݆th voxel with 26 nearest neighbours. ߱௝௞ is inversely proportional to the distance between voxels ݆ and ݇. The hyper-parameters ߚ and ߛ are defined for weighting the impact of the priors. In this study, the Gaussian prior is a uni-modal function centred at the expected value, ߤҧ, of lung attenuation coefficients obtained from a patient population. Based on the modelled standard deviation, ߪ, of the LACs and the strength of the ߛ parameter, this Gaussian lung preference prior penalizes the large variation of the estimated lung LACs from their expected value.

II. B Optimization

The joint estimation problem defined in Eq. (2) is not necessarily strictly concave [38], therefore finding a global maximizer is not guaranteed. Since the activity and attenuation are coupled in this problem, an alternating iterative optimization approach is used to reach at least a (strict) local minimizer. As in the joint alternate-maximize (JAM) [38] and MLAA [18, 23] algorithms, at each iteration, maximization is performed with respect to activity (ߣ-step) while keeping the attenuation constant and then with respect to attenuation (ߤ-step) with the most recent estimate of activity. In the ߣ-step, the problem is reduced to an emission maximum likelihood optimization problem that can be solved using a conventional TOF ordinary Poisson ordered subset expectation maximization (OP-OSEM) algorithm. In the ߤ-step, the problem is reduced to a transmission maximum a posteriori optimization problem that can be solved using an ordered subset separable paraboloidal surrogates (OS-SPS) or maximum likelihood for transmission tomography (OS-MLTR) algorithms. MLTR uses De Pierro’s additive convexity and Jenson inequality to define an easy-to-optimize surrogate for the transmission log-likelihood function [39, 40]. The MRF and Gaussian priors are strictly concave functions; therefore the resulting problem can be easily optimized.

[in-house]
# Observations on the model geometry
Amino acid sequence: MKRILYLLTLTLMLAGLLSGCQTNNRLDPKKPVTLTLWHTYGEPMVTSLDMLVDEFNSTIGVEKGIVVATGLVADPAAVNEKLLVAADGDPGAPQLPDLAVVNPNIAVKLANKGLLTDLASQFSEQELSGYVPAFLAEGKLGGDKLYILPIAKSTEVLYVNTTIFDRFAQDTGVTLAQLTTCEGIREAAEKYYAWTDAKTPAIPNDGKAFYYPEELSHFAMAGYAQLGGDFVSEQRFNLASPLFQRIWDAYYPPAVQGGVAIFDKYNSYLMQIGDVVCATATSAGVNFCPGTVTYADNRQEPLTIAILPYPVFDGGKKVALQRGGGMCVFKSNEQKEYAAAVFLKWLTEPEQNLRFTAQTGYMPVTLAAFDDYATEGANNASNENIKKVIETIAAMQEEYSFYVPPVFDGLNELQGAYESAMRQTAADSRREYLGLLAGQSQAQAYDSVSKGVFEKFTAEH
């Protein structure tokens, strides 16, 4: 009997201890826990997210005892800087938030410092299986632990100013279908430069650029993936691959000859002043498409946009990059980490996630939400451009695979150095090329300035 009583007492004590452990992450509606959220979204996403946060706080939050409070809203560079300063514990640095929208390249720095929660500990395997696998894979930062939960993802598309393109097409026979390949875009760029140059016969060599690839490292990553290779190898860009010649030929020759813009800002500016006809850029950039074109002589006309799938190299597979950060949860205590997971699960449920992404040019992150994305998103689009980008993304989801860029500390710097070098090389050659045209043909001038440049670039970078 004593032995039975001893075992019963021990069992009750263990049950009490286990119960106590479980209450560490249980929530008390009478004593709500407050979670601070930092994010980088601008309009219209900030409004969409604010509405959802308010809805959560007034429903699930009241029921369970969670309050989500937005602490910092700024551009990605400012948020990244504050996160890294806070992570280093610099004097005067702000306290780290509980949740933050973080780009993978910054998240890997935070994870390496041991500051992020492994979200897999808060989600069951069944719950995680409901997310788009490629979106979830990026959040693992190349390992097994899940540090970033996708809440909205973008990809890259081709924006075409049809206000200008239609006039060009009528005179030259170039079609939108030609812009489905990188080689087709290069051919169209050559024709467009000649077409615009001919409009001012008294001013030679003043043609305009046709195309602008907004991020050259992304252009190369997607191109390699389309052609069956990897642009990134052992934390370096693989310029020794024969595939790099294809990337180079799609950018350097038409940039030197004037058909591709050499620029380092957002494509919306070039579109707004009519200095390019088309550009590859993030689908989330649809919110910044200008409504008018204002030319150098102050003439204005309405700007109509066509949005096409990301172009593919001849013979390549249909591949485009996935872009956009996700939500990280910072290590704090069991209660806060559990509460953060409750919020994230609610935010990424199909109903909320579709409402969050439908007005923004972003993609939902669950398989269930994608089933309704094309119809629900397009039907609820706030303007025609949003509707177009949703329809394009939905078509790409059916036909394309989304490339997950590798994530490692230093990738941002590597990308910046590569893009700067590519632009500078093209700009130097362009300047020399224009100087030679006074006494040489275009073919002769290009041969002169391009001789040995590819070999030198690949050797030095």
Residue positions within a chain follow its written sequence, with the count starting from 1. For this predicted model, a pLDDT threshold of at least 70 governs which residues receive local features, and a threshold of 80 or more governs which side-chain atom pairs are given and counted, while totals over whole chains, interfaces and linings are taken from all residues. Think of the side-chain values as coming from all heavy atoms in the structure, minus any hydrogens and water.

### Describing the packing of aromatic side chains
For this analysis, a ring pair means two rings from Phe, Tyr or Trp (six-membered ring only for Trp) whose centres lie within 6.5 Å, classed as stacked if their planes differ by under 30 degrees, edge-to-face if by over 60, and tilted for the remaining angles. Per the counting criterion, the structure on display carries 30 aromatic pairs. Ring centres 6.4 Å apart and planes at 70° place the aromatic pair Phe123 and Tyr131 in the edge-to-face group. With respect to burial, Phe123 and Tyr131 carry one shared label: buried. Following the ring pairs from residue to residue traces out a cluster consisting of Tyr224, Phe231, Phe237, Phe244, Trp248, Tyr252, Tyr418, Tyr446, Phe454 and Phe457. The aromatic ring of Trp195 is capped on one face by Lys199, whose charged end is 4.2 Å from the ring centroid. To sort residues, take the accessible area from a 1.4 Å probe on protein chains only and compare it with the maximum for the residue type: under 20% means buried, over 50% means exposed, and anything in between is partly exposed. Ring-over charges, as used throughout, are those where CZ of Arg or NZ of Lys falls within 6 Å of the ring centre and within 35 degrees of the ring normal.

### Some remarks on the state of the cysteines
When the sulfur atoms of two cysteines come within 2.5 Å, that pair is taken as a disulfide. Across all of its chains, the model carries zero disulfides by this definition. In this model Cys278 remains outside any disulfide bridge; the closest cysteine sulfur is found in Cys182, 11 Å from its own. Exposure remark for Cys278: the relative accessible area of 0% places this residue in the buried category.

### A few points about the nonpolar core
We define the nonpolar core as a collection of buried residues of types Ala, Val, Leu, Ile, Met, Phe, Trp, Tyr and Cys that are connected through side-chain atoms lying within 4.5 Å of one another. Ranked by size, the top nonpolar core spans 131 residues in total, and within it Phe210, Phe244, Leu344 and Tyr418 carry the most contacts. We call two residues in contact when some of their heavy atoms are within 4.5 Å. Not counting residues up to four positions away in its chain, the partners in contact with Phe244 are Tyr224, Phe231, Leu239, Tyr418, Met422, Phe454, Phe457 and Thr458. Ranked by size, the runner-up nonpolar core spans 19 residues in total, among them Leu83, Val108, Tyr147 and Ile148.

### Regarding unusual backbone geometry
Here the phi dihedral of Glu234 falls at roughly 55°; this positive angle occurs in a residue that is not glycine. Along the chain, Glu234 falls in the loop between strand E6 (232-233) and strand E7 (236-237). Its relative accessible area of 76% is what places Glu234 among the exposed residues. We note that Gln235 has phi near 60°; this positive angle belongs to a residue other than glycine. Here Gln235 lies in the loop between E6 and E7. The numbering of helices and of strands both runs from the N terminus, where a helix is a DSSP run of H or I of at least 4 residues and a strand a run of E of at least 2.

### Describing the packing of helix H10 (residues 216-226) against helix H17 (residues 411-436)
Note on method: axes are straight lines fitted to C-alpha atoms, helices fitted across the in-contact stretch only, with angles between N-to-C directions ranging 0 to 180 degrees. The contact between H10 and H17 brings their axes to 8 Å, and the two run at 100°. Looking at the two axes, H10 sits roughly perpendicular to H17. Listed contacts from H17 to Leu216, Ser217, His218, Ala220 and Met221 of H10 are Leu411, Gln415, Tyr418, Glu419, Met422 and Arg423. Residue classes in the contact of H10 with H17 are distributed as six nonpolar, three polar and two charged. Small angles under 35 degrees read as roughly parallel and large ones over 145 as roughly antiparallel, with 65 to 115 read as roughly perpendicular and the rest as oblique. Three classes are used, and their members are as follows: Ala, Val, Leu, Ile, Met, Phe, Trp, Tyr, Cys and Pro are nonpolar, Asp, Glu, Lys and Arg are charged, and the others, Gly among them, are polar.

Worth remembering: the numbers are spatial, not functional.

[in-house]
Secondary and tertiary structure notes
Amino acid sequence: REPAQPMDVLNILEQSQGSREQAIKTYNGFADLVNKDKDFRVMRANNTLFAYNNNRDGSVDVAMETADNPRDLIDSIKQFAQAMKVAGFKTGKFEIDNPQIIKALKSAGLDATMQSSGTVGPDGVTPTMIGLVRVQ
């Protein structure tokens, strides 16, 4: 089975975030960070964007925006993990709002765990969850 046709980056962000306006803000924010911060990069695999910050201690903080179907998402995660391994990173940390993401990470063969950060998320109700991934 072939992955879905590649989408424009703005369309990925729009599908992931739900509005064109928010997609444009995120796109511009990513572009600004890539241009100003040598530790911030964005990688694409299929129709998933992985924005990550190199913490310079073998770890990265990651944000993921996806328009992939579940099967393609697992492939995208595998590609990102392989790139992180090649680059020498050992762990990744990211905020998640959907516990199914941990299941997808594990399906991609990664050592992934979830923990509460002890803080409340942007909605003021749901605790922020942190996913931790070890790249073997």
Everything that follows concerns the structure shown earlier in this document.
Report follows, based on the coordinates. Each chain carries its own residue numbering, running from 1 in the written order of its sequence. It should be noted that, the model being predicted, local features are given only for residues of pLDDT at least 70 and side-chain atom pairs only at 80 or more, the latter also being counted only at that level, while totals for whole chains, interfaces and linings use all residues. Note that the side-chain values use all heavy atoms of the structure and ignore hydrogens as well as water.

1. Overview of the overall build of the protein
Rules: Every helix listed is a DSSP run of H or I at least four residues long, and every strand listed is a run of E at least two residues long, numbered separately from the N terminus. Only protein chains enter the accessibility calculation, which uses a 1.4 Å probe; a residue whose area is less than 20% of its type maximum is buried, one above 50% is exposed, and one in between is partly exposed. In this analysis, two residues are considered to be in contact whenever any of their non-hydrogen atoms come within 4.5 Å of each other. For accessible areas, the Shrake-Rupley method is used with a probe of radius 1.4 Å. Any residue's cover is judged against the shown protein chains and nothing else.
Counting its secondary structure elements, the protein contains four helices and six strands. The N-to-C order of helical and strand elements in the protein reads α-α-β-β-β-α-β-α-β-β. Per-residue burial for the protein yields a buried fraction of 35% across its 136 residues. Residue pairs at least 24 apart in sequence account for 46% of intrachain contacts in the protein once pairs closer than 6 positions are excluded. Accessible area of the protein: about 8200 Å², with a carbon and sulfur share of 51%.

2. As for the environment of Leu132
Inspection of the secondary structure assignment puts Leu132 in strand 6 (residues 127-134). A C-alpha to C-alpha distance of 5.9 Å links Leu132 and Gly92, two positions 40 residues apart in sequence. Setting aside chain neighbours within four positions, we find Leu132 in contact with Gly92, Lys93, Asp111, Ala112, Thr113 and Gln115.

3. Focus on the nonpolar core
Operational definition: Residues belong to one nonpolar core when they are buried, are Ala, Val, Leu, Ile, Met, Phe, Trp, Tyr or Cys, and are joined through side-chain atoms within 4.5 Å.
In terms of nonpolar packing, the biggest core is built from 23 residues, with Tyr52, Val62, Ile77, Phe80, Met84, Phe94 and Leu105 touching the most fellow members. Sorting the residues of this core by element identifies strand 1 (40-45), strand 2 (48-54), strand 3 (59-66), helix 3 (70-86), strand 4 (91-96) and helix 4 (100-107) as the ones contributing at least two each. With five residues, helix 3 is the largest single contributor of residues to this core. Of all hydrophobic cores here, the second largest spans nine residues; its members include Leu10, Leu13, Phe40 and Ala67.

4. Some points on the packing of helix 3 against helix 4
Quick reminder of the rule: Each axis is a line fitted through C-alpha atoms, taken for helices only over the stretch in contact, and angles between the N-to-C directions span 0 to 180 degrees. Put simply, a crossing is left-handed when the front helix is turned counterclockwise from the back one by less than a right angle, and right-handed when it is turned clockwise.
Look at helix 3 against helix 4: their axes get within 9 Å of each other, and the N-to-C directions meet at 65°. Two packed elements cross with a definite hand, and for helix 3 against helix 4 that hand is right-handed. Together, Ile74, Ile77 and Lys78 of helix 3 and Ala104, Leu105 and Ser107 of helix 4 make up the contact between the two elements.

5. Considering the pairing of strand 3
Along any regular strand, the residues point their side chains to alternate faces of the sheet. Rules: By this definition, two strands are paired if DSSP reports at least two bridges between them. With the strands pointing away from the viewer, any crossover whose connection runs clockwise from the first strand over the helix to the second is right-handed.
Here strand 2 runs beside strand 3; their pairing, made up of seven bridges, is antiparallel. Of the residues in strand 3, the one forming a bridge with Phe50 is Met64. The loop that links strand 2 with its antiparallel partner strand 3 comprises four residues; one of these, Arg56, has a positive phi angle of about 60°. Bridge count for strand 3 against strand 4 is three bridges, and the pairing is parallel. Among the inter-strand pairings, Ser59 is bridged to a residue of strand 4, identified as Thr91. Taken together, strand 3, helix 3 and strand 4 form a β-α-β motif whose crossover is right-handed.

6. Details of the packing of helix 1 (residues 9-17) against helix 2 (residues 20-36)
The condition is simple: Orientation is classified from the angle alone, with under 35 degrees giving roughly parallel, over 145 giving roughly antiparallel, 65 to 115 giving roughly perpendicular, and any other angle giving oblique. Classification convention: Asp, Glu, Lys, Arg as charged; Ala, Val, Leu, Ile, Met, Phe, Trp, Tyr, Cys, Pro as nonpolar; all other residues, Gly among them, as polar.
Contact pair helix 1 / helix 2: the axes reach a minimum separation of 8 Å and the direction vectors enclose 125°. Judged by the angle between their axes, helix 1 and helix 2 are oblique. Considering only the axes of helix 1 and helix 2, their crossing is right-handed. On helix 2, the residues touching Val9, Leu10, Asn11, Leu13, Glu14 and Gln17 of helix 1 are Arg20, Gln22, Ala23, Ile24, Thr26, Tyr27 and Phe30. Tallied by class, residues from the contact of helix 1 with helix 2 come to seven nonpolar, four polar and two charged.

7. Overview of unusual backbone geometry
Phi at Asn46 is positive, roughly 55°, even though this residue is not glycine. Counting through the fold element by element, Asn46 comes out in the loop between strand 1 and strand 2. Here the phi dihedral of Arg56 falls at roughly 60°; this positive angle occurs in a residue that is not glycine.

The resulting alternating optimization algorithm at the ݊th global iteration consists of four main steps defined by Eqs (4–7). First, the attenuation survival factors are calculated from the current attenuation map. At the first iteration, they are derived from the initial 4-class MRAC map. The activity is then estimated using a TOF-OPOSEM with several sub-iterations. In the next step, the total activity ߰ along LOR ݅ is calculated from the estimated activity to serve as the blank scan in the following transmission reconstruction by the non-TOF forward projection of the activity and normalizing and attenuating the resulting sinograms. Finally, the attenuation map is updated using a non-TOF OS-MLTR algorithm with several sub-iterations only over the lungs using the function ߜ.

Dans le document Development of image reconstruction and correction techniques in PET/CT and PET/MR imaging (Page 196-200)